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As one reads about the horrendous multi-million-dollar lawsuits won by plaintiffs because a "string repair" caused the alleged tire failure, one is tempted to conclude that ALL string repairs must be bad.
Various tire manufacturers, trade associations and tire dealers have declared that "on the wheel" tire repairs are not to be condoned.
"The tire must be removed from the wheel, examined and THEN repaired," they insist.
I, too, prefer to have tire punctures repaired off the wheel.
Recently while gassing up my car, I noticed a driver pointing to his left front tire and talking to the manager about a tire with obviously low inflation.
As luck would have it, I had my camera and, with his permission, observed and photographed the sequence.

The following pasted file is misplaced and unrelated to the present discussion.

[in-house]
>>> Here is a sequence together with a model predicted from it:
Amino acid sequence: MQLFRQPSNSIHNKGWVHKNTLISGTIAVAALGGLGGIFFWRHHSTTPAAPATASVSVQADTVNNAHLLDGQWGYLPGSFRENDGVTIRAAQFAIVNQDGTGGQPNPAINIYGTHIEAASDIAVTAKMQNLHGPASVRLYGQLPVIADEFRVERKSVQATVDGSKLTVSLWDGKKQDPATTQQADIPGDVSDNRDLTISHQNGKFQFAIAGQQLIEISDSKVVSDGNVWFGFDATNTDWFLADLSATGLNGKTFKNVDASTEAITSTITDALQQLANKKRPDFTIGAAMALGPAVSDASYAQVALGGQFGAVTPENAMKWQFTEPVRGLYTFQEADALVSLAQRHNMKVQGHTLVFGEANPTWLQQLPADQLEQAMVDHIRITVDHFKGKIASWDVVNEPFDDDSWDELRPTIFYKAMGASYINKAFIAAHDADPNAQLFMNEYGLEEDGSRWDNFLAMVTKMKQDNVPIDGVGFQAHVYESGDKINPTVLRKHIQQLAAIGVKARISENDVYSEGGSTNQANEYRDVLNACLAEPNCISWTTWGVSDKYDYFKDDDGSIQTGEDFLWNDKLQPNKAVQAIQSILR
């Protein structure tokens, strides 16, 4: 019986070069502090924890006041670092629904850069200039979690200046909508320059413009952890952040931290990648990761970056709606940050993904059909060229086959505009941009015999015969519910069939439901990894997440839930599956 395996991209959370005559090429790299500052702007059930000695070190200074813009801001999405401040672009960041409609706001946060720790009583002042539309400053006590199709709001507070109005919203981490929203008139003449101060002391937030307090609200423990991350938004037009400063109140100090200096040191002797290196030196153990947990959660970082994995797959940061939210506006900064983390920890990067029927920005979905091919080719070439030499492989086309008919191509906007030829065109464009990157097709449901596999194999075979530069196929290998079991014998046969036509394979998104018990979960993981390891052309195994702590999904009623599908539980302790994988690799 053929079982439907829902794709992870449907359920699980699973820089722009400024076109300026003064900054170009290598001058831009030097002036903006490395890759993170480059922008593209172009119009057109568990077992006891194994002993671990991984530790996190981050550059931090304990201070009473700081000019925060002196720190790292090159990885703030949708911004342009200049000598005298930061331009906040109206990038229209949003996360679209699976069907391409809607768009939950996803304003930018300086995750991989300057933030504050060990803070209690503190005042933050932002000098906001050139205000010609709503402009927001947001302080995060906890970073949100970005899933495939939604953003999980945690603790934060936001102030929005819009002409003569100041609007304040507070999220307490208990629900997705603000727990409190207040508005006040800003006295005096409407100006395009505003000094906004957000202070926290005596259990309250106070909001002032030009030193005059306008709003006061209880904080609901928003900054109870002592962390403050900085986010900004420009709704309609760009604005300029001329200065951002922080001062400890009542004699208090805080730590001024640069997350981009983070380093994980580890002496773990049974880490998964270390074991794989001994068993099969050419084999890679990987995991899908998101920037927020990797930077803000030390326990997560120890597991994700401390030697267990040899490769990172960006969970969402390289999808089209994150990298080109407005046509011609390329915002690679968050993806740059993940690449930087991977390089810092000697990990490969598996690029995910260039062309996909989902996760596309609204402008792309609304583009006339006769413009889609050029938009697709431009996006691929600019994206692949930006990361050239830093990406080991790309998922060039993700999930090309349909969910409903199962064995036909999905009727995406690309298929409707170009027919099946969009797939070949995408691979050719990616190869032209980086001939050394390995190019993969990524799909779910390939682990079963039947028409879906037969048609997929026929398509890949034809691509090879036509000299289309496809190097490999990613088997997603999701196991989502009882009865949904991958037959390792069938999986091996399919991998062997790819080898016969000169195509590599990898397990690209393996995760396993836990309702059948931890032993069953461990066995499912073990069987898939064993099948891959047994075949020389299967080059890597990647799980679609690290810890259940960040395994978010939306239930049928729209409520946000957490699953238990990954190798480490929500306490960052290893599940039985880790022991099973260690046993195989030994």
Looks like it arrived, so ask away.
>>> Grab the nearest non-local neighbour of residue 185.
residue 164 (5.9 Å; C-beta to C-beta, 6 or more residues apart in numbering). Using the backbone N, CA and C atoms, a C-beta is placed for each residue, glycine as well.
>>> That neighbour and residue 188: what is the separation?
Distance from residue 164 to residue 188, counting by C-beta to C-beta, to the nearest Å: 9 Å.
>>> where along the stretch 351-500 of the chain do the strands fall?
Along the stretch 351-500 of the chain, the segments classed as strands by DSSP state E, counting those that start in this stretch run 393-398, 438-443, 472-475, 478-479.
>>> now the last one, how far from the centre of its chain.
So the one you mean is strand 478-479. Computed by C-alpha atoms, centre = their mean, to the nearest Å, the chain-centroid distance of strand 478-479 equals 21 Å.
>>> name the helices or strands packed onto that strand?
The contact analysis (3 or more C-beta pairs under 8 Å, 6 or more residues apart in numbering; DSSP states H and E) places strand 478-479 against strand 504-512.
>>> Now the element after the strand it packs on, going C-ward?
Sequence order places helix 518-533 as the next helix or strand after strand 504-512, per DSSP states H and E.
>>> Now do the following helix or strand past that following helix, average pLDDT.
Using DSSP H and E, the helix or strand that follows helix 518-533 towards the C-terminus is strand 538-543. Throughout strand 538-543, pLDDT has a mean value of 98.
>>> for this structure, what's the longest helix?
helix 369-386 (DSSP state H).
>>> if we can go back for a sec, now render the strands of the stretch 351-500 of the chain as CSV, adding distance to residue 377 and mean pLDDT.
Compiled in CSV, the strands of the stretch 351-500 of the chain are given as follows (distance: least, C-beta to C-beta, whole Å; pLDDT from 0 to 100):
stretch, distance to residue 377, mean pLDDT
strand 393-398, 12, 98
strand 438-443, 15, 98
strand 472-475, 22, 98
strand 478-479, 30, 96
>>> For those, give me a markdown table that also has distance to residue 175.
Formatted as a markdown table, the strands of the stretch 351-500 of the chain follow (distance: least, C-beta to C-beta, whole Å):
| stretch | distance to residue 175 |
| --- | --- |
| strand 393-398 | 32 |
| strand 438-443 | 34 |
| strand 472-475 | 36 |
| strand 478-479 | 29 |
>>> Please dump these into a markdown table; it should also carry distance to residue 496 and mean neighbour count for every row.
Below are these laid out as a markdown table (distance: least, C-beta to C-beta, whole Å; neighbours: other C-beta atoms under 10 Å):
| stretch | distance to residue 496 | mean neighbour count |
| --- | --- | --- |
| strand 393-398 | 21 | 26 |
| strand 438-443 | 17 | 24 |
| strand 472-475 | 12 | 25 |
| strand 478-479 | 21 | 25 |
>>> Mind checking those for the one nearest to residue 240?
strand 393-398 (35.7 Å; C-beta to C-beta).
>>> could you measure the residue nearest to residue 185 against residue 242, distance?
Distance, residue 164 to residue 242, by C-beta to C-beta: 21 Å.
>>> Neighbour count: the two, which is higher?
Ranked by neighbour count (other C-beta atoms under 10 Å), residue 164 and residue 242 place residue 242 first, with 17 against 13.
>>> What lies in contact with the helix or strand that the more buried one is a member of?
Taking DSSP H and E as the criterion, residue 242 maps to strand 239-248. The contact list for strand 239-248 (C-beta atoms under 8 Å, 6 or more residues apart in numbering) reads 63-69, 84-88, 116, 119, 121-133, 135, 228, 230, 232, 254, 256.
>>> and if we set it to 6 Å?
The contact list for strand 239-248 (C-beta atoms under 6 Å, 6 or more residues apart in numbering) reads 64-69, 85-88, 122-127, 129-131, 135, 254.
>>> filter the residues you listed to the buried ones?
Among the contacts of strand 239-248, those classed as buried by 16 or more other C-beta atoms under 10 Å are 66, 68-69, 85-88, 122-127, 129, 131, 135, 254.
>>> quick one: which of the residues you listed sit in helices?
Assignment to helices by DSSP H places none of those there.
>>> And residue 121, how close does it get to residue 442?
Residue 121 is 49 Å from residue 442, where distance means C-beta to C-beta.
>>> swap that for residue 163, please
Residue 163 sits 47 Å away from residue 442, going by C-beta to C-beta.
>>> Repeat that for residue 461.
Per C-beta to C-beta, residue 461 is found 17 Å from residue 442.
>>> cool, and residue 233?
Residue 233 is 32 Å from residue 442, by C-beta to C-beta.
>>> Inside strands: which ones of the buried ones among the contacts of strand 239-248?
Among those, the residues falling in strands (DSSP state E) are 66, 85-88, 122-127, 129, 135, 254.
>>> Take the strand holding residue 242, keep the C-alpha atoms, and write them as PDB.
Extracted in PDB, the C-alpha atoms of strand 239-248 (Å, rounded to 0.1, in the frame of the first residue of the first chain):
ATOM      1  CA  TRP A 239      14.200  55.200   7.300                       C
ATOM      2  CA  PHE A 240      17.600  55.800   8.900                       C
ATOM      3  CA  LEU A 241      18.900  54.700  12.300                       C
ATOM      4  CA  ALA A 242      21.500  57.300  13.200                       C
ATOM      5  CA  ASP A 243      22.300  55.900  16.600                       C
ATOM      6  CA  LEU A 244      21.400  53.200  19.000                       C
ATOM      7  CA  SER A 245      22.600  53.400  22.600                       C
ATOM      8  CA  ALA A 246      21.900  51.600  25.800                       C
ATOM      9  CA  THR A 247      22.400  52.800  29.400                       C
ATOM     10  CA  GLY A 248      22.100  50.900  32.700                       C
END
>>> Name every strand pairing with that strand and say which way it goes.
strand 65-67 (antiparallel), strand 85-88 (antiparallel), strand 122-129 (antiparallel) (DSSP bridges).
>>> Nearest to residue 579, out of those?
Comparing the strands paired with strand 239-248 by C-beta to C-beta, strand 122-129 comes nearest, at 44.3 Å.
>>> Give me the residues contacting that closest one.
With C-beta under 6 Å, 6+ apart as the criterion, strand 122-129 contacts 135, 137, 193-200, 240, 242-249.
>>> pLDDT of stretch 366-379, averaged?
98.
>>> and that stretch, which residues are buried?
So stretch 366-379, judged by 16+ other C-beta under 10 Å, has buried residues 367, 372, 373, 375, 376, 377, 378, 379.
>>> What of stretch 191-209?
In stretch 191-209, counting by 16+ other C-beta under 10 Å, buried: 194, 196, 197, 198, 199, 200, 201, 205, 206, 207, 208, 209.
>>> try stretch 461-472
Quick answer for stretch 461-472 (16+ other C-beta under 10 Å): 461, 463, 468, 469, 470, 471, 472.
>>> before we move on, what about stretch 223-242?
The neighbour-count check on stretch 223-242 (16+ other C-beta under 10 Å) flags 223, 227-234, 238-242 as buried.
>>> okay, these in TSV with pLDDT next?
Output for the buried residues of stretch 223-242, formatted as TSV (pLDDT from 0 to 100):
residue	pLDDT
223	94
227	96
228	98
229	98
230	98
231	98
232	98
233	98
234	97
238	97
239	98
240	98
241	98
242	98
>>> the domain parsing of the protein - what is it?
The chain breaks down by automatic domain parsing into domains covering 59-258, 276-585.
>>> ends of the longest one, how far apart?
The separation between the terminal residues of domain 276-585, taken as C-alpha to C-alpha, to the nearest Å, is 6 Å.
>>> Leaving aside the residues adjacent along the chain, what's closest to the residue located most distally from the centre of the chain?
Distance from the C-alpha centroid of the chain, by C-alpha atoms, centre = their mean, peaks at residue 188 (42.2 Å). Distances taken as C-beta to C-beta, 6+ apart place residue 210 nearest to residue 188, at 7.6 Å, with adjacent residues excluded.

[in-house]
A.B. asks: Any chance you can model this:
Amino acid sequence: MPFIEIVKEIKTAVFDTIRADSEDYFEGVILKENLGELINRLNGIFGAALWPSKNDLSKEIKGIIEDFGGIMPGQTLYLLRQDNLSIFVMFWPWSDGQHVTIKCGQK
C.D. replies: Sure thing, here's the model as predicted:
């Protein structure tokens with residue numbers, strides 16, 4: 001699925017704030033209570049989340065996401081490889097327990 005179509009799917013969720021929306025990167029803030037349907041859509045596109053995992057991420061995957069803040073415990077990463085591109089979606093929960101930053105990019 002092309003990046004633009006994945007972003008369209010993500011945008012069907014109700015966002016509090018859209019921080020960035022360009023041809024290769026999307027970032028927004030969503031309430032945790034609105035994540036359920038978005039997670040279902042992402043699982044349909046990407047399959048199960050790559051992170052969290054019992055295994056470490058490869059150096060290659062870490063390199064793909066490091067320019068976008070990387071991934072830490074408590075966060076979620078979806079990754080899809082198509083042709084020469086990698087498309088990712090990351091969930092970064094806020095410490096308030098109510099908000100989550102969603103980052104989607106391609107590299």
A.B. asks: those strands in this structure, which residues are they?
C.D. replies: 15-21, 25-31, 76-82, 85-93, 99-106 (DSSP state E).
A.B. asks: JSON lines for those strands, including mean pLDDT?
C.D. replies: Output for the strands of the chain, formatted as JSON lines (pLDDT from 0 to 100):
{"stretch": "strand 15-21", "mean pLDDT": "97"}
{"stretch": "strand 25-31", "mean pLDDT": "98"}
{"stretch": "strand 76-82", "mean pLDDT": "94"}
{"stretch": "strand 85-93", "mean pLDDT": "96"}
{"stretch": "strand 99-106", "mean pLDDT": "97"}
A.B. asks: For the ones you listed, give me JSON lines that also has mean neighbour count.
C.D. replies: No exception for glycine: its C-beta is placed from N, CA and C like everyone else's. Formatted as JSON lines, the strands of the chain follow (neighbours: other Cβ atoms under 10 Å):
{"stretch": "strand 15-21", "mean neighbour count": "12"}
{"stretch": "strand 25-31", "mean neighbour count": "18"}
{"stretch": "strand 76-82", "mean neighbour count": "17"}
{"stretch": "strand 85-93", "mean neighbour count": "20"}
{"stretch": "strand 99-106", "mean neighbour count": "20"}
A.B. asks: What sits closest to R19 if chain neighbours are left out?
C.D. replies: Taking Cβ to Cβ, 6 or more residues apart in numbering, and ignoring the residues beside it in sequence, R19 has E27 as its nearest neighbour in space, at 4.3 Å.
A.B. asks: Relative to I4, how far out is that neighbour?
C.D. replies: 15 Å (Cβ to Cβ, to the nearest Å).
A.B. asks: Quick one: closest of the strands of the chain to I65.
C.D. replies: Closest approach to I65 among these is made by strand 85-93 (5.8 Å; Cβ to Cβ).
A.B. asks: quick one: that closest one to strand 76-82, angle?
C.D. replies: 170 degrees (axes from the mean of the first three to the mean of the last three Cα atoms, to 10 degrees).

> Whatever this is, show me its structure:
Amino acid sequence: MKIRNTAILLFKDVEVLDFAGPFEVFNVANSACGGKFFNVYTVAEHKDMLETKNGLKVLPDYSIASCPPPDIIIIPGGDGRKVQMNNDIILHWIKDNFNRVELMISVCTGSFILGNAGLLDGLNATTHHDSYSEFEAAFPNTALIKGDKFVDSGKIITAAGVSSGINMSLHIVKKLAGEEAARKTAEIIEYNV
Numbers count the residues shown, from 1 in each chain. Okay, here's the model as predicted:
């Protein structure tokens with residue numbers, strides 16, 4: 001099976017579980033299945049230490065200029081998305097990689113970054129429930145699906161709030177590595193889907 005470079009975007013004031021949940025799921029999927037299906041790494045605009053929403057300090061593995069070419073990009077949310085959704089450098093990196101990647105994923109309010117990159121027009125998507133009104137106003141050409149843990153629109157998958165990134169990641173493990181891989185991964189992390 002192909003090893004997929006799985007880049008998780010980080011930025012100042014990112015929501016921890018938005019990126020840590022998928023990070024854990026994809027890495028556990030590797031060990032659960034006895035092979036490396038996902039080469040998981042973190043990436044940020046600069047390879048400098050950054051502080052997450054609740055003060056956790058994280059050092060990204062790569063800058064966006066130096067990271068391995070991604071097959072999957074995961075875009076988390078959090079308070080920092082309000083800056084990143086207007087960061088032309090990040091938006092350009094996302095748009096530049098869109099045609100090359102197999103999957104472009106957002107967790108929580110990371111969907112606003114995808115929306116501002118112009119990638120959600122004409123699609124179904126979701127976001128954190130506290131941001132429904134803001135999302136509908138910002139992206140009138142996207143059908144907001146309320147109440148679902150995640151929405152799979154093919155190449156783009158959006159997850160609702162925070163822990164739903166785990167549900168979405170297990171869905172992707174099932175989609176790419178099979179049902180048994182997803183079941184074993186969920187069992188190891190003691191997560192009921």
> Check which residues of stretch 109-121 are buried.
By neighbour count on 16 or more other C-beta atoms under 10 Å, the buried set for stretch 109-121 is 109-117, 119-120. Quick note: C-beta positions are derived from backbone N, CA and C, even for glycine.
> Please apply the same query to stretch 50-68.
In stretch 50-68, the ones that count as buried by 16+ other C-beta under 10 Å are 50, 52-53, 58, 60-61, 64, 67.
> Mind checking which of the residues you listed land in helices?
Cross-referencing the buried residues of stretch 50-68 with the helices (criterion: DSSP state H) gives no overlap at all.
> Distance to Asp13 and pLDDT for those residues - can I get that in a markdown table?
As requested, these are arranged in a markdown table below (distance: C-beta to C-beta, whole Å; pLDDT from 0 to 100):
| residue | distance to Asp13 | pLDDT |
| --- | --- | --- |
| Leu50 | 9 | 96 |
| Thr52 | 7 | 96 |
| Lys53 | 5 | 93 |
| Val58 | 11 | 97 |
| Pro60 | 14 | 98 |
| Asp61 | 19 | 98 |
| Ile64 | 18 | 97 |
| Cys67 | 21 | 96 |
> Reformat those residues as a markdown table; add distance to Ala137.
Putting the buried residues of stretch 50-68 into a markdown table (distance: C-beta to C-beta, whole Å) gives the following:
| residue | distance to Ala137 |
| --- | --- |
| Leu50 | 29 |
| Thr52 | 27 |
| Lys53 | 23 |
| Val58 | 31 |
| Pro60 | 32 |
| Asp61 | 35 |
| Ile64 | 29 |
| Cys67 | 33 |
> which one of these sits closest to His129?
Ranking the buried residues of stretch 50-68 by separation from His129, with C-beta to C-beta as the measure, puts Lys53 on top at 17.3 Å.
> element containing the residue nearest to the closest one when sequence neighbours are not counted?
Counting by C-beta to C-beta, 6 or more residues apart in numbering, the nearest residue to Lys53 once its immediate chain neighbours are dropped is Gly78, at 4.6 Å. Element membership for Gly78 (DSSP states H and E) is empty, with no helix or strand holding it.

"Give us 10 minutes and we'll take care of it for you," said the station attendant.
Curious, I walked into the service bay to see how he would "take care of it."
Out came the jack, up went the front wheel, off came the wheel, and then the fun began.
The service person located a nail and pulled it out with a pair of pliers. It was a simple, sharp nail about one-and-a-half inches long.
He went to the bench, brought back a rasp and awl and a five-inch piece of sticky material.
The rasp went in and out of the puncture several times. Then the attendant placed the material in a slot in the awl, …